If you’ve decided it’s the right time to close down your limited company – whether you’re retiring or returning to a staff position after contracting – you have some options. Here, our guest author Donald McNaught from [Contractor MVLs](http://www.contractormvls.co.uk/) talks you through why you might want to use an MVL (Members’ Voluntary Liquidation) if you have funds remaining in your business bank account.
Closing your solvent limited company
The most common way to end a solvent limited company is to take any remaining profit as a dividend, and then pay income tax on that dividend amount. But depending upon how much profit is left, closing it through an MVL may be more tax efficient and could potentially save you thousands of pounds.
What’s an MVL?
A Members’ Voluntary Liquidation is a statutory process where any cash in the company can be distributed to shareholders as a capital distribution instead of as a dividend. When a limited company wishes to close down, it can use an MVL if it’s solvent (i.e. if it owns more than it owes), and still has more than £25,000 in funds.
Depending on the circumstances of each shareholder, they may be able to benefit from an annual capital gains allowance (£11,000 for 2014/15) as well as the possibility of utilising Entrepreneurs’ Relief to reduce the amount of tax paid.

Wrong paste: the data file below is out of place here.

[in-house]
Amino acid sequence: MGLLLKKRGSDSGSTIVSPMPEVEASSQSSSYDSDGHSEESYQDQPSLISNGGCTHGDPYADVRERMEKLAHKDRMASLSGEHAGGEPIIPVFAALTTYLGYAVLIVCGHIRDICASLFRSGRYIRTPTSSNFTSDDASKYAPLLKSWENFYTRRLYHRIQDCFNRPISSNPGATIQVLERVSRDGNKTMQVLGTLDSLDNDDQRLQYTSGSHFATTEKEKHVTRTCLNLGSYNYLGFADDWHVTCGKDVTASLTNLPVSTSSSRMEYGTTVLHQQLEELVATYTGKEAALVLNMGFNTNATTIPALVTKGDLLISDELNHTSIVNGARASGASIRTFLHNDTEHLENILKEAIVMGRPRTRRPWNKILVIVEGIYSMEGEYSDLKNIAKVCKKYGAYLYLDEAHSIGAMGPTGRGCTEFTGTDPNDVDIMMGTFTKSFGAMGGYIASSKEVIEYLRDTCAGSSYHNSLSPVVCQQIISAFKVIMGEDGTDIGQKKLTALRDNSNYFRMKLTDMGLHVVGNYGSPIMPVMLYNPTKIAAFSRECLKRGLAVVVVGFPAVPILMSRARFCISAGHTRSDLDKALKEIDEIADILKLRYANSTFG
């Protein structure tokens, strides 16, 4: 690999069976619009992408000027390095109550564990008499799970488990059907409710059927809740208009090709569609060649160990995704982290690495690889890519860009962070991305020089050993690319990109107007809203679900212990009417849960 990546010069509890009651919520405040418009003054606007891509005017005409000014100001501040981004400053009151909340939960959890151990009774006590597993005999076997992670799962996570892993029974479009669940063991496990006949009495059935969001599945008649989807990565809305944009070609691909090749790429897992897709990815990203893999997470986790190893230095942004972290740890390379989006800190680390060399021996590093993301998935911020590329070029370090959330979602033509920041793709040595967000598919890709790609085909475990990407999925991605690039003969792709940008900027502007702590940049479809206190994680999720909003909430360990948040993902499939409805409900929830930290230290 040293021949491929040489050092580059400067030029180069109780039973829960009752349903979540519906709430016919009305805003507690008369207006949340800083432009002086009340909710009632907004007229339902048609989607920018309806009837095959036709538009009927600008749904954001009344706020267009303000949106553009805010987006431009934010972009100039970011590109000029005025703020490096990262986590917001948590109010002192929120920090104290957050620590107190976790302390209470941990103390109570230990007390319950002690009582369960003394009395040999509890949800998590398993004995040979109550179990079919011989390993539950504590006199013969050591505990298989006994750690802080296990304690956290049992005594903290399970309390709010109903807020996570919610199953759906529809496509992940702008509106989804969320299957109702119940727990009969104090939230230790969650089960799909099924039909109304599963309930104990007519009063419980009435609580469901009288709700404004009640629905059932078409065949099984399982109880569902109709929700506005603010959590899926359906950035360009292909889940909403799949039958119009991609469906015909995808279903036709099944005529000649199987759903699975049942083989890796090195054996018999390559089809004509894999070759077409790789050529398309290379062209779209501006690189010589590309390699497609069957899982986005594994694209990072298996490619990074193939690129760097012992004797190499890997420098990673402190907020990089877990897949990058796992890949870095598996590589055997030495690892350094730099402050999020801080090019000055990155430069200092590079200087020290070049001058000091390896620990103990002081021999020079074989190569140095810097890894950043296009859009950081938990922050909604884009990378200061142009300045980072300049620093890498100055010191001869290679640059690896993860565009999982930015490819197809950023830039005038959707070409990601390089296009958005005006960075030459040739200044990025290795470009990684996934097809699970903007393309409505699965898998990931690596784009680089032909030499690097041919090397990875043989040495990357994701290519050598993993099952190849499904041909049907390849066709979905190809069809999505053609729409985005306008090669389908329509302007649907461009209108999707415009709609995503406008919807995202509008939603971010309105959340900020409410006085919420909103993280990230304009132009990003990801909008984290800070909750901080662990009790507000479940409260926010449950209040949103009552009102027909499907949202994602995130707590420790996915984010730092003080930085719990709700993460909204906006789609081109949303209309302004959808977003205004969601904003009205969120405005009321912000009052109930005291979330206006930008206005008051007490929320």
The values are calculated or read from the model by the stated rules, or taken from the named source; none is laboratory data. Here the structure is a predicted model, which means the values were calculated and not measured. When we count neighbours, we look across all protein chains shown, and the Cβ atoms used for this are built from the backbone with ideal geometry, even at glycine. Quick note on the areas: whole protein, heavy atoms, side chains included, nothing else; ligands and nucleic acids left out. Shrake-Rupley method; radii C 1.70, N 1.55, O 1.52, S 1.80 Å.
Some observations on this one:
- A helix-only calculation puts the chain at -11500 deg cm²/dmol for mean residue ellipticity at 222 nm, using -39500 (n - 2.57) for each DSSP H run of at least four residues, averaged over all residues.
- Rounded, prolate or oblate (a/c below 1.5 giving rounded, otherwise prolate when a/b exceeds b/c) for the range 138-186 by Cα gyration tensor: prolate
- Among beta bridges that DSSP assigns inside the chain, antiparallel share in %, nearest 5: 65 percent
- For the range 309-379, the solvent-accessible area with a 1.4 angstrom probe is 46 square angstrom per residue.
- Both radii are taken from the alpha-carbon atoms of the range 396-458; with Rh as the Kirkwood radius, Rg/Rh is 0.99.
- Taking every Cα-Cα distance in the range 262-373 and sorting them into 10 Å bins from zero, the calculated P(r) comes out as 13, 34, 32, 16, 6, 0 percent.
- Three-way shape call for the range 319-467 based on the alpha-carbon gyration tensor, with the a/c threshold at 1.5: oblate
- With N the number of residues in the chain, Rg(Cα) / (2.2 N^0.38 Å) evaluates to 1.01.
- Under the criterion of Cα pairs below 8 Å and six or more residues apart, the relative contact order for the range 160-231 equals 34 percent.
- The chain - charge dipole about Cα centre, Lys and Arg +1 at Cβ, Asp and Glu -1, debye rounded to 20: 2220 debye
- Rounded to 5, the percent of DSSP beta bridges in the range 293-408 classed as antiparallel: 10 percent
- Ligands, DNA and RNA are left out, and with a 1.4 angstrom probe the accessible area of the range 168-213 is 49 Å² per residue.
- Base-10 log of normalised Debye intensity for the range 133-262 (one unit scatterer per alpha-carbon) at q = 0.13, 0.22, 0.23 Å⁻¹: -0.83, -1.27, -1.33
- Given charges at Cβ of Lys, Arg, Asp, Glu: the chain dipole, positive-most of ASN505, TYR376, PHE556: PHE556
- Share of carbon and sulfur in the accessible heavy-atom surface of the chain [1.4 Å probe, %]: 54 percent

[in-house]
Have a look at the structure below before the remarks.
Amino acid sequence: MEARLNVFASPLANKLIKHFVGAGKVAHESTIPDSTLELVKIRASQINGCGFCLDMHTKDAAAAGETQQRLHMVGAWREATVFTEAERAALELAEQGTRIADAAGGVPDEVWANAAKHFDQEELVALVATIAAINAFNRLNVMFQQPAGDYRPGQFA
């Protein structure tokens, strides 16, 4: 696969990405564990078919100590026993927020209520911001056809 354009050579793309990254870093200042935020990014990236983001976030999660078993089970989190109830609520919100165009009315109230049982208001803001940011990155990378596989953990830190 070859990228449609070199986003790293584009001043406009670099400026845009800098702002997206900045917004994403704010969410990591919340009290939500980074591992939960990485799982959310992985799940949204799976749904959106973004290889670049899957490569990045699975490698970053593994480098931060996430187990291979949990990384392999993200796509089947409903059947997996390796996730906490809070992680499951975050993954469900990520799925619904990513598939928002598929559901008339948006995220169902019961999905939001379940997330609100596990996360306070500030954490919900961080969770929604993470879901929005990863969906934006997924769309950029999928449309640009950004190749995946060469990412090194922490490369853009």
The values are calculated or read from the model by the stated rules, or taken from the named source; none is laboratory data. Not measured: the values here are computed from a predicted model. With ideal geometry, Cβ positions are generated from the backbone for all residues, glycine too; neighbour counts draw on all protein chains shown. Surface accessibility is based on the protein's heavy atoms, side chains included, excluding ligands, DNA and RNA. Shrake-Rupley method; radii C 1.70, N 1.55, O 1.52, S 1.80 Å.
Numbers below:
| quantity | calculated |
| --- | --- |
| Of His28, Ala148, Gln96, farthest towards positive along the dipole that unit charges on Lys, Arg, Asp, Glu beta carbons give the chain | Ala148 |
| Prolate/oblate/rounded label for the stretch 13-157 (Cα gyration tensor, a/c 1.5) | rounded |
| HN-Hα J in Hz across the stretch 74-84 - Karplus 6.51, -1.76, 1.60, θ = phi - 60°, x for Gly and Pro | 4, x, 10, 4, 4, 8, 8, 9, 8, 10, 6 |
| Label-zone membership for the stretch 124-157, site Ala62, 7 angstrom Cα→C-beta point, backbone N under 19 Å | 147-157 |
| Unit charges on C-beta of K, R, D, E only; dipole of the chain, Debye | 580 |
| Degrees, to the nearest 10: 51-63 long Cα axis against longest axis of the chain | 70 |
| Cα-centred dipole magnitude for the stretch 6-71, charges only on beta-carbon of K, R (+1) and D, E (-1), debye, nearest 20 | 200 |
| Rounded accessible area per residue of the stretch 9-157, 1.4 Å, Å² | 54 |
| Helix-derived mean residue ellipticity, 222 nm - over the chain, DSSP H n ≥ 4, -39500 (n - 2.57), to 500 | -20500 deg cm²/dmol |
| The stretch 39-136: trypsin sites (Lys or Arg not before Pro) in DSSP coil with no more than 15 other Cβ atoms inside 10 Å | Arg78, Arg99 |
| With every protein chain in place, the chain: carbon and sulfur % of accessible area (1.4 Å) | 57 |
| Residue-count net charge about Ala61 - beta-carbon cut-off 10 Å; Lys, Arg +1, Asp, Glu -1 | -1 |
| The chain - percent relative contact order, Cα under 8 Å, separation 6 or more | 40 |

What’s Entrepreneurs’ Relief?
Not all businesses qualify for Entrepreneurs’ Relief – for the full details, check the eligibility criteria at gov.uk and speak to your accountant. With it, you’ll pay tax at 10% on qualifying assets when you liquidate your company instead of paying the normal rate of 18% or 28%.
How an MVL works
Let’s take a contractor whose retained capital is in excess of £40,000 in his company. In other words, once he's sold off all the company's assets and paid all its debts, he still has more than £40,000 available to withdraw and keep for himself. All distributions from the company outside an MVL would be treated as income and taxed at the shareholders’ marginal rate of tax (i.e. highest rate of tax they’ll pay). When using an MVL, contractors benefit from an annual capital gains allowance (£11,000 for 2014/15) as well as the possibility of utilising Entrepreneur’s Relief. If they meet the criteria, contractors may only pay tax at the lower rate of 10%.
An MVL may not work for everyone, so speak to your accountant about your own circumstances to see whether it’s a good option for you.
Disclaimer: The content included in this blog post is based on our understanding of tax law at the time of publication. It may be subject to change and may not be applicable to your circumstances, so should not be relied upon. You are responsible for complying with tax law and should seek independent advice if you require further information about the content included in this blog post. If you don't have an accountant, take a look at our directory to find a FreeAgent Practice Partner based in your local area.